Here’s a terribly sad piece from a woman who wishes she’d died at the same time as her husband. 14 years after his death her life, she feels, remains pointless without him.
Grief is a complicated, difficult process that we all will have to go through at least once in our lives. Elizabeth Kubler Ross proposed a model of grief that has been misunderstood as a linear journey, from one stage to another to another until we come out refreshed and sorted out in ‘Acceptance’. If you’ve been though grief you’ll know that a more accurate model, and one that Kubler Ross herself advocated, was more of a spiral where over a matter of years we revisit the stages of grief experiencing them as more or less painful depending on the circumstances. An anniversary is bound to be more poignant that most other days, and if that anniversary falls during a time when you’ve lost your home you may experience it as catastrophic. Alternatively, being under urgent stress, you may forget entirely about it.
There’s been some controversy over the DSM understanding of grief, whether it’s a mental illness or a normal human experience, and people from both sides of the argument have interesting, useful things to say. I wonder how it is, though, for this woman who still feels that her life is wasted because her husband isn’t with her? I don’t have any answers for her in particular, not least because she’s not asked me for any, but I think it’s likely that a person in a fugue of loss might be experiencing complicated grief, something absolutely as debilitating as a chronic physical illness.
Counselling can help and there are a number of specialist agencies that can help with specific kinds of loss. It may be that a person who experiences, say, bereavement because of suicide would see a counsellor who specialised in being with people bereaved by suicide and then a few years later a general bereavement counsellor and some time later still a body psychotherapist and then want to return to a suicide specialist. Like the stages of grief, we will revisit our bereavements over the years. But we’re not doomed to live there.
Phobias and the ensuing panic attacks are horrendous. If you have a phobia you’ll know just what ‘horrendous’ means and if you don’t it’s very unlikely that you’ll have any understanding of what being in the grip of a panic attack is like. You’ll have read that people feel like they’re dying when they have a panic attack but what does that really mean?
Christopher Hitchens couldn’t believe that waterboarding was all that awful. Be honest, you know that if you just stay calm and control your breathing you can blow the water out of your nose and breath in carefully through your mouth and you’ll cope with what is called ‘simulated drowning.’ Because you know it’s not drowning. Hitchens lasted 10 seconds when he volunteered for the experience. This is similar to a phobia induced panic attack – if everybody just keeps calm and rational then everything will be fine. But the definition of a phobia is that it is an irrational fear i.e. it cannot respond to logic.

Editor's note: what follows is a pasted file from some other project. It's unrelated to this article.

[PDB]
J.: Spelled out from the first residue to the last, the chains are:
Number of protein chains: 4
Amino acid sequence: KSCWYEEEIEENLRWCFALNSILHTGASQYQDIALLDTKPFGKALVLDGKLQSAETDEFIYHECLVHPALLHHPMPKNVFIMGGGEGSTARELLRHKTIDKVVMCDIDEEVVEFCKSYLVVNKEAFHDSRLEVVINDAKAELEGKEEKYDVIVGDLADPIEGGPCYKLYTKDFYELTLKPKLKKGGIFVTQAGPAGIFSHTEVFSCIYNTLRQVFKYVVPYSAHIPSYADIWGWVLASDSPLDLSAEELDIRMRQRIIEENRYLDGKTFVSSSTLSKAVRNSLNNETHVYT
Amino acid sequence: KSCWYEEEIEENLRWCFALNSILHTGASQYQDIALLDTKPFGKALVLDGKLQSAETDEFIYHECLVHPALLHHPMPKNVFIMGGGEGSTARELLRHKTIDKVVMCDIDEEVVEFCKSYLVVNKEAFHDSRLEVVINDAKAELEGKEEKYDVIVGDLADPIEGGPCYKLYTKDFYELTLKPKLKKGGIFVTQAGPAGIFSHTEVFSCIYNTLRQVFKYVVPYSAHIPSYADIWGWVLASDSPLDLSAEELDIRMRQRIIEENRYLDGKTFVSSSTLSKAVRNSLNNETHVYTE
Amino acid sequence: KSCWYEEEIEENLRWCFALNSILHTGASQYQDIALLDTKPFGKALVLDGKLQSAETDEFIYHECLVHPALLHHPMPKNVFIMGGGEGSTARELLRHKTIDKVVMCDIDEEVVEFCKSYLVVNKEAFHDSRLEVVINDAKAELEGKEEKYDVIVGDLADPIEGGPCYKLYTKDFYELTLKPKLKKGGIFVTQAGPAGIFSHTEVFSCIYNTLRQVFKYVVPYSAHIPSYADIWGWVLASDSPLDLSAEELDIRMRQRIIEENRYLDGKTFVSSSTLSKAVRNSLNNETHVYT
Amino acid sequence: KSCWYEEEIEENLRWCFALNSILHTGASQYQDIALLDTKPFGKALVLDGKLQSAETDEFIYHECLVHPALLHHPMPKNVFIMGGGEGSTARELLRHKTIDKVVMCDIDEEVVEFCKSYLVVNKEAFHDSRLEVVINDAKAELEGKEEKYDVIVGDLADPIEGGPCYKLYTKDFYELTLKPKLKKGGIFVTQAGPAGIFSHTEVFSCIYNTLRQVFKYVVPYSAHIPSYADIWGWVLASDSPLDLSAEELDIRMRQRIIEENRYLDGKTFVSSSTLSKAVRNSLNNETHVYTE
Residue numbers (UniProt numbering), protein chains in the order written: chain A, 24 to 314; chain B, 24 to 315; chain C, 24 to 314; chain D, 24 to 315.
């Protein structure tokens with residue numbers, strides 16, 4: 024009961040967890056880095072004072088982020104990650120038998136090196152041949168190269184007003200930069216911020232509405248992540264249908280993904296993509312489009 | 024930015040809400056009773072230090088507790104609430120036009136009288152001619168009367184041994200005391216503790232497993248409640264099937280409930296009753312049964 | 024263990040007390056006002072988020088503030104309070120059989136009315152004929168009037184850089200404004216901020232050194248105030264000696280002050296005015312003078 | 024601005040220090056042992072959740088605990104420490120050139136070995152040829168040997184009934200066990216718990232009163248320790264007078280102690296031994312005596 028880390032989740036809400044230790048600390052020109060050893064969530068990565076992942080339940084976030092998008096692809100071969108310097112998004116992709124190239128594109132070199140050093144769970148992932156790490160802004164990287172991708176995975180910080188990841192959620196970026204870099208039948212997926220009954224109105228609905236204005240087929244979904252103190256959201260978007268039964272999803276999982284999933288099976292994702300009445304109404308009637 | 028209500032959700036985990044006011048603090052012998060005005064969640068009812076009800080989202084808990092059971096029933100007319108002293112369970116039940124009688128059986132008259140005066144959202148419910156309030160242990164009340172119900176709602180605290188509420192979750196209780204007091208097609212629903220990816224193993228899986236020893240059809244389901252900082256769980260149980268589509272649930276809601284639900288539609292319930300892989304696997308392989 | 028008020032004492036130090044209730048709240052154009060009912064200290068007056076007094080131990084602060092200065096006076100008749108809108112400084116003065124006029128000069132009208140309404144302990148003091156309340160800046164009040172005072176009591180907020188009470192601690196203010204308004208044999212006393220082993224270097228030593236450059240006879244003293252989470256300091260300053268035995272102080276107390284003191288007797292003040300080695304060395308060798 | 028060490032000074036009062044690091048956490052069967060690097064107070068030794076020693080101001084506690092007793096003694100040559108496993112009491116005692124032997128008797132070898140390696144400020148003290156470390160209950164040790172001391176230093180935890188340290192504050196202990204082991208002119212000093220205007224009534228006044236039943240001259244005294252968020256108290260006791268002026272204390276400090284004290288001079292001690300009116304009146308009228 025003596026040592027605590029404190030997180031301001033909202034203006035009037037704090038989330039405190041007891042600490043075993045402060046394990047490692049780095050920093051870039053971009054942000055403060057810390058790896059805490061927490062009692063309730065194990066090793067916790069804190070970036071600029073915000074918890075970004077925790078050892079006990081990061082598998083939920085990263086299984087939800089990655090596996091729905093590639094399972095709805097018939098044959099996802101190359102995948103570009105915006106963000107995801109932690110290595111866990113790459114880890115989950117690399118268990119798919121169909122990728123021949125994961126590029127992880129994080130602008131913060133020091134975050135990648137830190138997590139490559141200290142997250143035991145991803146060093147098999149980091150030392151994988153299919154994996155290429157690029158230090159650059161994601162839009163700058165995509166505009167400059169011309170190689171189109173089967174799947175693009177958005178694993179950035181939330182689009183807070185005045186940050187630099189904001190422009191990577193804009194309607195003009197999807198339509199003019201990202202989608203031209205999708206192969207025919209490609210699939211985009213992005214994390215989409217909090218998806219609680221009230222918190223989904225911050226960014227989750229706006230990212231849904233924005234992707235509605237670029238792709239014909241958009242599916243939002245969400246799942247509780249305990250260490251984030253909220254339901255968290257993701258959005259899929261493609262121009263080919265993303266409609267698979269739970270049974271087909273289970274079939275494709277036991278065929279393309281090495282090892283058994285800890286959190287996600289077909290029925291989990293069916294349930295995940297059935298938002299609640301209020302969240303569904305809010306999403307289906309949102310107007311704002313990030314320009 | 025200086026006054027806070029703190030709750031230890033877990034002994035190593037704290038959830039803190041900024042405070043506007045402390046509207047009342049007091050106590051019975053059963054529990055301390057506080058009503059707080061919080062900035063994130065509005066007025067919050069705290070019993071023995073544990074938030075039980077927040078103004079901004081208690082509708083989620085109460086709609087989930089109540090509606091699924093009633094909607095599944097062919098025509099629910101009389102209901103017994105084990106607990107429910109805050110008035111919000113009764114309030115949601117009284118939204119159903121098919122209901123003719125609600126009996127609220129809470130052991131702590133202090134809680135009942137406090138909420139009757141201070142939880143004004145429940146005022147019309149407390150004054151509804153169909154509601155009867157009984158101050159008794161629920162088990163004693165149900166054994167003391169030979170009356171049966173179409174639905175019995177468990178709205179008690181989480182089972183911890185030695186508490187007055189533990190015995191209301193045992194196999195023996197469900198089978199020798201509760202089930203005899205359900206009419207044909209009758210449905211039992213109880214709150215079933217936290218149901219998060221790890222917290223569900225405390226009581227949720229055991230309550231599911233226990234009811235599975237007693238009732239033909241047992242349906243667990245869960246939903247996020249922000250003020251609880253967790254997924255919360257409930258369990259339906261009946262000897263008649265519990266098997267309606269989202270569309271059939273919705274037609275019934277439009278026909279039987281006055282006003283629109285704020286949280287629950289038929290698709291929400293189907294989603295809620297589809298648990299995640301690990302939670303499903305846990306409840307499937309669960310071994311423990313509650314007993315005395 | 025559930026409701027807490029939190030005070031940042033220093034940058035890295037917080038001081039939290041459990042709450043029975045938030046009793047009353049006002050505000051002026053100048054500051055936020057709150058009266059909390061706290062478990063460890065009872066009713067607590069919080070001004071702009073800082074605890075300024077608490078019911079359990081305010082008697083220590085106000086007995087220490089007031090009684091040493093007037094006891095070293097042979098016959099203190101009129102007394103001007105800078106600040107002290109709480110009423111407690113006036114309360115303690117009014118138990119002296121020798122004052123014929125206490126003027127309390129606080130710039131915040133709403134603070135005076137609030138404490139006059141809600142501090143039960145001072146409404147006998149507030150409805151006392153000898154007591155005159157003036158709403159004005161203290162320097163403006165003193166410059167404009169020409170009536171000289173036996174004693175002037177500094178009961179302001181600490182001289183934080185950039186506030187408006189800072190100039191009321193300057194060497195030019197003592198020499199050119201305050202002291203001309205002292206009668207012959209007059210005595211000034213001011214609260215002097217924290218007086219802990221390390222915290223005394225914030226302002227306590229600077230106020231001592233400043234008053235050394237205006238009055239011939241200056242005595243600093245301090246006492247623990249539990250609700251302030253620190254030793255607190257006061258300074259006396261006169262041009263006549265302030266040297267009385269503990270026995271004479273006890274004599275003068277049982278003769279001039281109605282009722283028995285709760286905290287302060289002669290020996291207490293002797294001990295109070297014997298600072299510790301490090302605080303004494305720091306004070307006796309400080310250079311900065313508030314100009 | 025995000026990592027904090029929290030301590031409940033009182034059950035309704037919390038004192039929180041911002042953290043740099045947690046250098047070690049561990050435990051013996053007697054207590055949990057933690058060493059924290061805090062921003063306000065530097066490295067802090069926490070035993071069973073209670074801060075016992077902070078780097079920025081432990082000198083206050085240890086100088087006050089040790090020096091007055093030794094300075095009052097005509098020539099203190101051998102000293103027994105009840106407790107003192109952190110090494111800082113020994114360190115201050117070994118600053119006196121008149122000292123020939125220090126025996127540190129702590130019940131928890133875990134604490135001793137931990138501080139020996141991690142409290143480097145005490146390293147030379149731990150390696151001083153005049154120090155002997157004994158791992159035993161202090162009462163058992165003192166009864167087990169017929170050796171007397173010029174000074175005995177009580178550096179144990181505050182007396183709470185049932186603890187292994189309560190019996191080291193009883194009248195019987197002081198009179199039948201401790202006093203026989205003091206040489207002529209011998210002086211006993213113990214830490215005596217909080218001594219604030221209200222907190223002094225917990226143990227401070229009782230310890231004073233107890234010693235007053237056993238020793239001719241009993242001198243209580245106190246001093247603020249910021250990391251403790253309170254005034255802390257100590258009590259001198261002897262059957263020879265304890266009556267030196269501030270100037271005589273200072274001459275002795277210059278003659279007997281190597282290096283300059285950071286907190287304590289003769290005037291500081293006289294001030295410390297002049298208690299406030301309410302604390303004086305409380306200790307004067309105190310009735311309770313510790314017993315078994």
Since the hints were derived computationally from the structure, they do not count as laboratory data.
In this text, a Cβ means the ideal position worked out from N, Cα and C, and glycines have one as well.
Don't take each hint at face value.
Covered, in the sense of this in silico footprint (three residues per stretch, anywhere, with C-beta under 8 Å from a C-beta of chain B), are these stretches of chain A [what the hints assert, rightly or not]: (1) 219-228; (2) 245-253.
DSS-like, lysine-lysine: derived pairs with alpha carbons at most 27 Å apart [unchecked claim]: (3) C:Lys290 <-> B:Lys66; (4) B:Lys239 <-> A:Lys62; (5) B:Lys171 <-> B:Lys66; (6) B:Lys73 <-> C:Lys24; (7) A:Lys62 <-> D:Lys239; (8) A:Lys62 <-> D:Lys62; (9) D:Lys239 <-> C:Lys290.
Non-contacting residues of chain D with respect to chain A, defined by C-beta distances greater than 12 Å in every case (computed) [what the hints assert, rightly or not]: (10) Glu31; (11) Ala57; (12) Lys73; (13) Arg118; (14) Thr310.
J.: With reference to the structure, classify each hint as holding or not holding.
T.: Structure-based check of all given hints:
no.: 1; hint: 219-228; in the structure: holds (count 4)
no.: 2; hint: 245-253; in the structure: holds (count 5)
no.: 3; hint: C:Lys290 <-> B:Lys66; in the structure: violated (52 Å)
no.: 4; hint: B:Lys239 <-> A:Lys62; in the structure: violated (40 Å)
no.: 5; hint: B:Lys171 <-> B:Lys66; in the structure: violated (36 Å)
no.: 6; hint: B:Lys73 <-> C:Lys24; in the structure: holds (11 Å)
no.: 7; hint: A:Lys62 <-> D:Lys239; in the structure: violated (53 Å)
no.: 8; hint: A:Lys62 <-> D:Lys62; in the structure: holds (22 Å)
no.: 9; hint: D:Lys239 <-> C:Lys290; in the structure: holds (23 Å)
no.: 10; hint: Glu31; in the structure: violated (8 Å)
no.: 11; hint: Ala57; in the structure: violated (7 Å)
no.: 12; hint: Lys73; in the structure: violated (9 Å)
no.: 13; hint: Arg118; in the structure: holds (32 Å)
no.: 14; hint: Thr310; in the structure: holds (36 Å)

Take half an hour and listen to this, a very thorough exploration of phobias and their treatment.
It was heartening to hear Professor Paul Salkovskis, after a number of face to face sessions in his office, accompanying Susie to a tube station, down the escalator, onto the platform, into a train and travelling on it then out in another station and back up to street level, where she was elated, proud, excited and had made serious inroads to curing her phobia. This technique is called flooding and it takes much more than the 50 minutes of the therapeutic hour.
(It is also something to be done with care, consent, compassion and frequent checking to see if the consent still stands. It is NOT locking an arachnphobe in a room of spiders, no matter what some webpages say. They confuse the torture of Room 101 from the novel 1984 with a therapeutic technique.)
Prof Paul Salovskis is Professor of Clinical Psychology and Applied Science. He is also Clinical Director of the Maudsley, the UK’s preeminent mental health hospital. Not many of us are going to meet him. One of the reasons why CBT has a 30% success rate is that it’s not done completely by someone who has the authority to go outside of an office. Too many people, often at the end of their tether, are left stranded and feeling hopeless after their allocated 6 sessions (5 hours over 6 weeks) when what they needed was complete, skilled work rather than a ‘computer says no’ approach to mental health.